Writing 5 is the course in which you begin to integrate yourself into Dartmouth’s academic life. When you take Writing 5, no matter which section you are in, you should expect to work on college writing in ways that will help you participate in the academic conversation while contributing your own valuable ideas.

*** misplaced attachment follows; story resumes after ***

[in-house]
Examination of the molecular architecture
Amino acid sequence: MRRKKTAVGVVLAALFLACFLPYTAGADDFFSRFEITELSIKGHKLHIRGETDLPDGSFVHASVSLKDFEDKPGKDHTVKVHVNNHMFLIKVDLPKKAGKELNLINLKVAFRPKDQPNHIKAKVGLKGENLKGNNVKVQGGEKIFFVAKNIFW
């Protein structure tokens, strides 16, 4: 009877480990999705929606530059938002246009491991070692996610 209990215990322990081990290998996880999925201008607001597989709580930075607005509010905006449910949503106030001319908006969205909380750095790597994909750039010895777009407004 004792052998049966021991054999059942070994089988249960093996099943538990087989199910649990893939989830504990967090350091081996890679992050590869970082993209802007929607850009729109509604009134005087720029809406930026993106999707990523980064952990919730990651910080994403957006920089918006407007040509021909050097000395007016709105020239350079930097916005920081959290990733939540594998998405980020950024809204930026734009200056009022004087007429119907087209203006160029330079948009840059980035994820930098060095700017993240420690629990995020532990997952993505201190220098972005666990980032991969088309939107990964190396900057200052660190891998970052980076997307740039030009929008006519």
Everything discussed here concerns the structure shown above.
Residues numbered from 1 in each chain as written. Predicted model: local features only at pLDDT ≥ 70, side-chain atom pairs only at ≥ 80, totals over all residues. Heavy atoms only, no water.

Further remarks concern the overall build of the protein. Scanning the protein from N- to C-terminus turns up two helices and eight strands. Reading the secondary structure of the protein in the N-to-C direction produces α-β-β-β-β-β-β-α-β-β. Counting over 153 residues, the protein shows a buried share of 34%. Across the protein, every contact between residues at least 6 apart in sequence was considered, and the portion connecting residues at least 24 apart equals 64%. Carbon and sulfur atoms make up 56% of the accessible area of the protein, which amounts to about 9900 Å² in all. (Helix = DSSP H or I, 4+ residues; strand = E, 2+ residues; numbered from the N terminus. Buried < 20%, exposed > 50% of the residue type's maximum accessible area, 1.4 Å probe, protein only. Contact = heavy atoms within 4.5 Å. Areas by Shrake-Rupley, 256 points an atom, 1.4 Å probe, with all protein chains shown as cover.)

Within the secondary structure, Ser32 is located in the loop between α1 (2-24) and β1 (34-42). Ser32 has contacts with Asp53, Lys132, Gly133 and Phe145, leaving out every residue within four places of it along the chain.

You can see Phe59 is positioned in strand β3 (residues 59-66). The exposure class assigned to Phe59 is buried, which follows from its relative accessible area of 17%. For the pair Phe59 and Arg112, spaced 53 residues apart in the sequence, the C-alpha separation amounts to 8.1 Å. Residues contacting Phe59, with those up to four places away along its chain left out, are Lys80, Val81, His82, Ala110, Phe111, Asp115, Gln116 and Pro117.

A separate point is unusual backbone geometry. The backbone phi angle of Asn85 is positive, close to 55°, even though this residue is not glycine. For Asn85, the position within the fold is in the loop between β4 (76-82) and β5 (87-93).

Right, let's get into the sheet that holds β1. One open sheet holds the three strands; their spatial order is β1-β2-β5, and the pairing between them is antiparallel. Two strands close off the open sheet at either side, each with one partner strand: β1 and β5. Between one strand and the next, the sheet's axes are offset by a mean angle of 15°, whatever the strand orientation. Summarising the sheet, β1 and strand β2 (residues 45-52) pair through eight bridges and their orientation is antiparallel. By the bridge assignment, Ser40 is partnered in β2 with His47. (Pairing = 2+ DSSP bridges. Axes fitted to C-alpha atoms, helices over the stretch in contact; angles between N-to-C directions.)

You will learn to approach reading not only for the purpose of receiving knowledge, but for the purpose of understanding, questioning, and challenging arguments. In college, you might apply this kind of critical thinking to conventional written texts such as essays, books, or poetry, but also to objects, images, performances, and even to non-visual media. You will learn to approach your own writing with what we call “rhetorical flexibility,” which means knowing different writing tools and strategies, and being able to choose the best tools and strategies to create and communicate your meaning for any given context and in different modes, such as multimodal projects, collaborative compositions, or speeches. You will be asked to demonstrate the core capabilities articulated below. These are the “outcomes” you will work towards in this course, and continue to work on in your First-year Seminar, and that you will go on to use in the rest of your college work and beyond.